Algiers, Sept. 18 (BNA): Algeria's former leader Abdelaziz Bouteflika has died at the age of 84, Algerian state television reported late Friday.
Bouteflika was the longest-serving president of Africa's largest country.
He was long considered by as a reliable partner in the fight against terrorism.
Bouteflika had ruled the country for four consecutive terms since 1999.
Bouteflika came to power in 1999 during the final years of war between the state and Islamist factions.
Bouteflika negotiated a peace deal that led to a dramatic reduction in violence.
The politician was one of the last of a generation of Algerian leaders from the 1954-62 war of independence from France.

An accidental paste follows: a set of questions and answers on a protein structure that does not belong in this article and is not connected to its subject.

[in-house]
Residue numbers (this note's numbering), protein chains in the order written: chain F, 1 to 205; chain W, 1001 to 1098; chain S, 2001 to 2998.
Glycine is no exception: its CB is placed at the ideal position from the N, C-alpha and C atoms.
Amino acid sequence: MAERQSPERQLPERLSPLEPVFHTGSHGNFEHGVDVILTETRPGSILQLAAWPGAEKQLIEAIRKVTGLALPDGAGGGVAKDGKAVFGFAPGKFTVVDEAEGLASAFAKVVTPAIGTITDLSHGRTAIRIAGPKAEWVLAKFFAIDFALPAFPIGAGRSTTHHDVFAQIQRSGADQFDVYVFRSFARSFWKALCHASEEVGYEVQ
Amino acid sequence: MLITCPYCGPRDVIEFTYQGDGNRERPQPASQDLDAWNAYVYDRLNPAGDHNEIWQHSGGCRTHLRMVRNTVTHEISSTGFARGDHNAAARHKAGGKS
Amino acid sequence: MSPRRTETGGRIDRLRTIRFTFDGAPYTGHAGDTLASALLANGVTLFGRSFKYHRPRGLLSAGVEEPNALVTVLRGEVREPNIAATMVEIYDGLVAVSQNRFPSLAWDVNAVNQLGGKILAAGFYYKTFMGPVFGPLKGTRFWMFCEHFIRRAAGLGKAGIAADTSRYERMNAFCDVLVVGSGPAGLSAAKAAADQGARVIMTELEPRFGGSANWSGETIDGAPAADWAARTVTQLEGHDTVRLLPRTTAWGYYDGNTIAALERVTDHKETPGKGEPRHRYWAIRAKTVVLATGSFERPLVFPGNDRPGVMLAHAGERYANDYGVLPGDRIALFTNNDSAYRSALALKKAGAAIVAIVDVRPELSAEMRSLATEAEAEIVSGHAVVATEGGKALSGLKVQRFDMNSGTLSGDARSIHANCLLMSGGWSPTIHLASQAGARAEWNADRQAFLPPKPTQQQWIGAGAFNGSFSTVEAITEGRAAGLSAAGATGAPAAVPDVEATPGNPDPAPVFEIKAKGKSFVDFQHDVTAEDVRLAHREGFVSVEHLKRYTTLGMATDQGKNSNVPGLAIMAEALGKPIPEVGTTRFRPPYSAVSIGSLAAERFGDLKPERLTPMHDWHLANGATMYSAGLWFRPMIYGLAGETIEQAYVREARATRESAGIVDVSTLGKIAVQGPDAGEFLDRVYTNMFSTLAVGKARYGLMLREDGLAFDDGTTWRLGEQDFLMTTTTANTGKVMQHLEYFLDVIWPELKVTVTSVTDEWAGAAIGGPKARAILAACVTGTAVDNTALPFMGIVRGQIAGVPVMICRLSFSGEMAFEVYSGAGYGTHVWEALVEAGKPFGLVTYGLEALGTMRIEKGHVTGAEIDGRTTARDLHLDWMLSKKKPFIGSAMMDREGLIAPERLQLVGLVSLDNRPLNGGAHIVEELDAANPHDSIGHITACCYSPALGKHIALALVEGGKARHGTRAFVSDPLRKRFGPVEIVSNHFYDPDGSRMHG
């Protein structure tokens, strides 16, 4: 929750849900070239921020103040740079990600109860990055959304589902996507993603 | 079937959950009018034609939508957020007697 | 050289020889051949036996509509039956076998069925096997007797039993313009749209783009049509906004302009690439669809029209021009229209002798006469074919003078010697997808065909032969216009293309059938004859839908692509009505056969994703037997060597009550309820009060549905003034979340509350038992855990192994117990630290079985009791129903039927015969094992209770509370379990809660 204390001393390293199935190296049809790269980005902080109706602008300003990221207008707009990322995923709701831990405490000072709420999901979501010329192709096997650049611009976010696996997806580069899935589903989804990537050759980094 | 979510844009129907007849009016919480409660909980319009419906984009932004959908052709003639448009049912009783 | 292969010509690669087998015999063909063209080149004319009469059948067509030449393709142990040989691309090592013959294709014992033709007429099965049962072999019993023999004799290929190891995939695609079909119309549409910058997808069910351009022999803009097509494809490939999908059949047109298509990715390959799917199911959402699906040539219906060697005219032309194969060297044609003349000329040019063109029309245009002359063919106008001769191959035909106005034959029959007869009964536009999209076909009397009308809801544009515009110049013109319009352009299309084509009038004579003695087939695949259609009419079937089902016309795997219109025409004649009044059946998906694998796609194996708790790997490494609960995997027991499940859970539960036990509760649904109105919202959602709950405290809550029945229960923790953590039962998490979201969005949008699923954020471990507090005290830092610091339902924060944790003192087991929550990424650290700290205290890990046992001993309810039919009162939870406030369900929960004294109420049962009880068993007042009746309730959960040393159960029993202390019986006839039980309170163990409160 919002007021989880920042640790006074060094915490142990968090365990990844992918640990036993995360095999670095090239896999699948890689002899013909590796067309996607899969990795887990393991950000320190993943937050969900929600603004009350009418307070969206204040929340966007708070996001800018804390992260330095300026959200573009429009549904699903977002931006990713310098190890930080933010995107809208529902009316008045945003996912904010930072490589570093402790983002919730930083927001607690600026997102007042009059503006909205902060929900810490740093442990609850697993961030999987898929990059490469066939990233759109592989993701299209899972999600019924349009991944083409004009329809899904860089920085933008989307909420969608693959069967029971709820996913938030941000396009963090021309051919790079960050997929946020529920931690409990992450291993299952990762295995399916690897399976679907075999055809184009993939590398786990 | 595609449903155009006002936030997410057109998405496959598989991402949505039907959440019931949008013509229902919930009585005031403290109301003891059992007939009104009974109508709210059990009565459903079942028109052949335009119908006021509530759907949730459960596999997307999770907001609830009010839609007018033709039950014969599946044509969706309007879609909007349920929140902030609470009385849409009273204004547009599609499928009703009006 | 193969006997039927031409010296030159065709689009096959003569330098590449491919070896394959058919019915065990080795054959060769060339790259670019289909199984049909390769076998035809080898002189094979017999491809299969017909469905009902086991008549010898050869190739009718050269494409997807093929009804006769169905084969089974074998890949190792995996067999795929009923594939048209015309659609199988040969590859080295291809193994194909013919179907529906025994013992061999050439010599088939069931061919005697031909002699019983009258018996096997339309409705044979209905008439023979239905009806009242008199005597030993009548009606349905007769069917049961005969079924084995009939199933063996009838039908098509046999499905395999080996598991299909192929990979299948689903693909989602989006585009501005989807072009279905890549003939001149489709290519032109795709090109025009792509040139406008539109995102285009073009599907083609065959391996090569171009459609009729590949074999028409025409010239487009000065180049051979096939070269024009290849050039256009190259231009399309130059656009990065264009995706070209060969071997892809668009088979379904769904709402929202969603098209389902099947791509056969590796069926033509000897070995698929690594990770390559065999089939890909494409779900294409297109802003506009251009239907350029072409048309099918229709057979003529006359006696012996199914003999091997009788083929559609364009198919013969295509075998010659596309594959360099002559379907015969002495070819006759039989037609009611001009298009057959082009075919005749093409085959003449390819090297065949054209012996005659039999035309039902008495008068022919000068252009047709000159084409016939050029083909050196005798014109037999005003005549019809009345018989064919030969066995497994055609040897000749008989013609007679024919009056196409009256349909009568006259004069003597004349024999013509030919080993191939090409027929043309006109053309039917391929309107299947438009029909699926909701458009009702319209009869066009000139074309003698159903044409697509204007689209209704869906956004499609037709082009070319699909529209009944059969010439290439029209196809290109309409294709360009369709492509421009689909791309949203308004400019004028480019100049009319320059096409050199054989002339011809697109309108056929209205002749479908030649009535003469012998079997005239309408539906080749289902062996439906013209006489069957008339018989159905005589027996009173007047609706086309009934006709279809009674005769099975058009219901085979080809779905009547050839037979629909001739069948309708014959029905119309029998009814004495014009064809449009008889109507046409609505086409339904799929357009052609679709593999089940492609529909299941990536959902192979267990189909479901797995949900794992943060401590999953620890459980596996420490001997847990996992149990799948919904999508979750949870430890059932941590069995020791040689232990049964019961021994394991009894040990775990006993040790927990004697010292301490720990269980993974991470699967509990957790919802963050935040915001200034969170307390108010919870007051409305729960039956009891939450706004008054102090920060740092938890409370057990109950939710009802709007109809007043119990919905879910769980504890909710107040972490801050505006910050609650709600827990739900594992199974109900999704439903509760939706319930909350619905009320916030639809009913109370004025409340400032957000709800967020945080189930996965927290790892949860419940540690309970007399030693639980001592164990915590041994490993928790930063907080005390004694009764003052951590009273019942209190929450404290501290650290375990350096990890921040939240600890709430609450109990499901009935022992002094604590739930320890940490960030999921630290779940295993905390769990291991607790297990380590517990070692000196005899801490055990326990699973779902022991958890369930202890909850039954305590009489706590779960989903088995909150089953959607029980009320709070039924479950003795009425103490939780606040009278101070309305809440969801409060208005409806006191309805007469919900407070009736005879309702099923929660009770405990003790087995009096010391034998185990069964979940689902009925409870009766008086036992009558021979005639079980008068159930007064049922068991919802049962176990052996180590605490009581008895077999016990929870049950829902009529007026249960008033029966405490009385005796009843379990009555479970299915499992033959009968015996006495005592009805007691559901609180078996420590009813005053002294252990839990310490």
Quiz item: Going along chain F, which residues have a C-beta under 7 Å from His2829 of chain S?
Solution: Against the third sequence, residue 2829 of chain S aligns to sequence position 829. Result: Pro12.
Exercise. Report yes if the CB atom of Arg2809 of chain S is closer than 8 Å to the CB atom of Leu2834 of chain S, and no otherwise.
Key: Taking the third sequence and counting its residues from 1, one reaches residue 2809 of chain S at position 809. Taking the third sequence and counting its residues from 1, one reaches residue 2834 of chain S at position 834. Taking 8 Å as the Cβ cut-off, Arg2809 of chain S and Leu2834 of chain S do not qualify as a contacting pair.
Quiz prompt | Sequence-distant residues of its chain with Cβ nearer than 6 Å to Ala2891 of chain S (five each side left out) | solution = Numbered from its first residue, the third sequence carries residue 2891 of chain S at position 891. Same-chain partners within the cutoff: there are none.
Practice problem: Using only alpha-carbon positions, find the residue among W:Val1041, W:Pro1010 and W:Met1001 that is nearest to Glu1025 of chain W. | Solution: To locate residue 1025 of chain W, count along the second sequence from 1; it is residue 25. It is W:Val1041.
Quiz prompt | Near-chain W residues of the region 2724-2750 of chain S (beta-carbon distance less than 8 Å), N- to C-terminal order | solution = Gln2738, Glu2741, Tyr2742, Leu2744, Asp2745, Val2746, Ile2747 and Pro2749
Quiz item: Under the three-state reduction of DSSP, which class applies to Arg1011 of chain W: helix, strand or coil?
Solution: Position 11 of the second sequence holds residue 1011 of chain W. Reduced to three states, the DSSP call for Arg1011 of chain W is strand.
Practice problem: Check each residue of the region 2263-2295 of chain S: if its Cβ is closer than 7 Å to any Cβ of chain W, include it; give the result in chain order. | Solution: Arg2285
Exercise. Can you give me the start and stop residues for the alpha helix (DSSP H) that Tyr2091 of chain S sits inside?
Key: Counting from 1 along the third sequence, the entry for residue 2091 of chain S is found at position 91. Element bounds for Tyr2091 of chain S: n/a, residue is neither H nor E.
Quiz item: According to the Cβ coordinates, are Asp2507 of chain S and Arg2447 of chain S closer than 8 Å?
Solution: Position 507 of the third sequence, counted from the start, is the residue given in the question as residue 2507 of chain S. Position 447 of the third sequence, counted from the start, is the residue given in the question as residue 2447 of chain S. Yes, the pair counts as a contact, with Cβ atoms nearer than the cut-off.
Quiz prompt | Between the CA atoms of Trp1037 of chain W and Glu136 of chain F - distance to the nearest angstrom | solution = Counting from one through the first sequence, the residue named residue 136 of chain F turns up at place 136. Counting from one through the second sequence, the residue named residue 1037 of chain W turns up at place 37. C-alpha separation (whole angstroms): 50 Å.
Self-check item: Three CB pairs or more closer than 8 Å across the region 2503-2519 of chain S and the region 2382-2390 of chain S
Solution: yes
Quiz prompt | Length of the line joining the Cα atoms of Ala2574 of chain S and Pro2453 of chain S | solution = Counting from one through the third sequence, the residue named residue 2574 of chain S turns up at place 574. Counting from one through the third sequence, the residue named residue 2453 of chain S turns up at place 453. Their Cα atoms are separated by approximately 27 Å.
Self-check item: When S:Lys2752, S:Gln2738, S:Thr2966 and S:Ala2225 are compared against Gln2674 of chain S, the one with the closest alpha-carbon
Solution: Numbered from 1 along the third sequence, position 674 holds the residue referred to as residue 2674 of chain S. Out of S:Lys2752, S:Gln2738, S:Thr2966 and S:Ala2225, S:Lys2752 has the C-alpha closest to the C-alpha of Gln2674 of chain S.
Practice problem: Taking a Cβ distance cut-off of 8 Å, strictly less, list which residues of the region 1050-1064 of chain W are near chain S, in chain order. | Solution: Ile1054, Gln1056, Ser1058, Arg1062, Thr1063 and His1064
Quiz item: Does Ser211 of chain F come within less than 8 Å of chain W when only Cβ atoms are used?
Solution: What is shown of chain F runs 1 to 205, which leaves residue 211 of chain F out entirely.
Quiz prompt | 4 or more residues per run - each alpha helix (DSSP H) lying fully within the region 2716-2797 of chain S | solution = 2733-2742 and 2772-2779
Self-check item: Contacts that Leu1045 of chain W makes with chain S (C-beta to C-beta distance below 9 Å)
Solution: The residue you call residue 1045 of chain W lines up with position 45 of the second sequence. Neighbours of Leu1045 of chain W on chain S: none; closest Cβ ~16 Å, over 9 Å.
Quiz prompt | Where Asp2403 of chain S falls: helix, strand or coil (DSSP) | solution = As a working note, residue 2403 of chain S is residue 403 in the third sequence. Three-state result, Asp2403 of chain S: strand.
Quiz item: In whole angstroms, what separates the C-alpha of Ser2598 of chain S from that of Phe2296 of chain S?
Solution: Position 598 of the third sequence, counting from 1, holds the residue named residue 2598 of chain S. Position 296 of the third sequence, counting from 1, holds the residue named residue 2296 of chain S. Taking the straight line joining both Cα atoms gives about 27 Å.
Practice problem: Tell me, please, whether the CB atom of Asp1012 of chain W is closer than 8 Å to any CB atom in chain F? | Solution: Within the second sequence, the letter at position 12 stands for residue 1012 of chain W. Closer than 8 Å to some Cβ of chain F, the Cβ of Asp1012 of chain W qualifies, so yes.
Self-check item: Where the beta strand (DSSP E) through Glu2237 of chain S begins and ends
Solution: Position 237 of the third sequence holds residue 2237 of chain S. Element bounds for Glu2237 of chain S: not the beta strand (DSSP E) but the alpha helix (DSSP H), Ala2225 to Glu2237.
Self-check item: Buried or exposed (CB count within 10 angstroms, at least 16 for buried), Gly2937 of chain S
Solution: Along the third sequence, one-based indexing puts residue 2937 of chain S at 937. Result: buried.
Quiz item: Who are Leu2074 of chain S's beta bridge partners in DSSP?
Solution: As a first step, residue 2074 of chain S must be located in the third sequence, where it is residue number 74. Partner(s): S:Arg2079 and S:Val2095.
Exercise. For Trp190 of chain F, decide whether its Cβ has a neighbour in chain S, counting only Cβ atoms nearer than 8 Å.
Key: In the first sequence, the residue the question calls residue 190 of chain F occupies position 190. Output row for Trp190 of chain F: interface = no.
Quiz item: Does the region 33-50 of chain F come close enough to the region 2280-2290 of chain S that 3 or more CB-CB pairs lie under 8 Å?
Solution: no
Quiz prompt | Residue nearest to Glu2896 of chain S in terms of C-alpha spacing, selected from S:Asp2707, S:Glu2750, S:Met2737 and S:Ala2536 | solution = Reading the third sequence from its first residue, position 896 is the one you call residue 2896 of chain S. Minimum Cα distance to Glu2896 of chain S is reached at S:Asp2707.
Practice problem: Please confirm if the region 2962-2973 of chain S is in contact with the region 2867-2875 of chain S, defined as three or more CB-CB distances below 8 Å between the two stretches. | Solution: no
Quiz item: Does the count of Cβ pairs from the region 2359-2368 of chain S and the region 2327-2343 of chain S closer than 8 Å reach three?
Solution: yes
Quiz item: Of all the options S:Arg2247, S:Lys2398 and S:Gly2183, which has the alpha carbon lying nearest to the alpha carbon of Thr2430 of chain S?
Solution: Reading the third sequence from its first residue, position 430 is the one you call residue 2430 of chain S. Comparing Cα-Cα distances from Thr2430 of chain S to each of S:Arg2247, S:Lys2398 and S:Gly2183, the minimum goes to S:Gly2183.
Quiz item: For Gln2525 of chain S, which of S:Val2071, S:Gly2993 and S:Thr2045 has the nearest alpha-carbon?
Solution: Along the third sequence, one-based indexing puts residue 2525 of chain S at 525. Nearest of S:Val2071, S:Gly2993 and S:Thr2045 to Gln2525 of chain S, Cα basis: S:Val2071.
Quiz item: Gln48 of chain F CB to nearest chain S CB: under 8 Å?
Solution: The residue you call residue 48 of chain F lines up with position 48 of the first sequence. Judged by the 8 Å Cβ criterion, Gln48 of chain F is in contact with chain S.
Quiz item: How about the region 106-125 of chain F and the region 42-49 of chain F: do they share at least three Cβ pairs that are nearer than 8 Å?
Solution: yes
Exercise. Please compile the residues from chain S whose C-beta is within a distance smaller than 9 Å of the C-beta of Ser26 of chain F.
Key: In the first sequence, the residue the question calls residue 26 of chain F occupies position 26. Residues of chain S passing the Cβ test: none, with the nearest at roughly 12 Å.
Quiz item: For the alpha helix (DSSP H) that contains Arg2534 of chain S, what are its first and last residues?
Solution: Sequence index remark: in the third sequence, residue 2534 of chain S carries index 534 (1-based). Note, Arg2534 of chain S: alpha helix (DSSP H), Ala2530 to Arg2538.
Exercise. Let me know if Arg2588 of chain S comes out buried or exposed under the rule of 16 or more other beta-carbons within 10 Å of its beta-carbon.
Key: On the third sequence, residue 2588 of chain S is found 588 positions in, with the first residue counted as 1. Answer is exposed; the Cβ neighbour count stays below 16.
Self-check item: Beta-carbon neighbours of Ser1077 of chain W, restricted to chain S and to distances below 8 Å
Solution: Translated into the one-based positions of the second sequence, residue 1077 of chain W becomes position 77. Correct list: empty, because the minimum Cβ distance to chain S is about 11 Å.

Born on March 1, 1937 in Morocco to Algerian parents, Bouteflika was a high school dropout.
At 19, he enlisted with the National Liberation Front (FLN), fighting in the west of the country under later president Houari Boumediene.
He became the country's youngest minister when the country gained independence, winning the sports portfolio at 25.
Praised for his diplomatic and rhetorical skills, he soon moved on to foreign minister, a position he held for 16 years.
Bouteflika's loyalists have praised him for keeping the country stable amid regional turmoil.
He had several foreign policy successes, such as brokering a peace agreement for Mali, settling the Ethiopia-Eritrea border war and establishing closer relations with Germany and the US.
He signed a declaration of friendship and cooperation with France's then-president Francois Hollande in 2012 during a visit which saw Hollande admit the cruelty of French colonial rule in the country.
Health woes had plagued Bouteflika for years. In 2005, he spent several weeks in Paris receiving treatment.
He suffered his first stroke in 2013, and never fully recovered.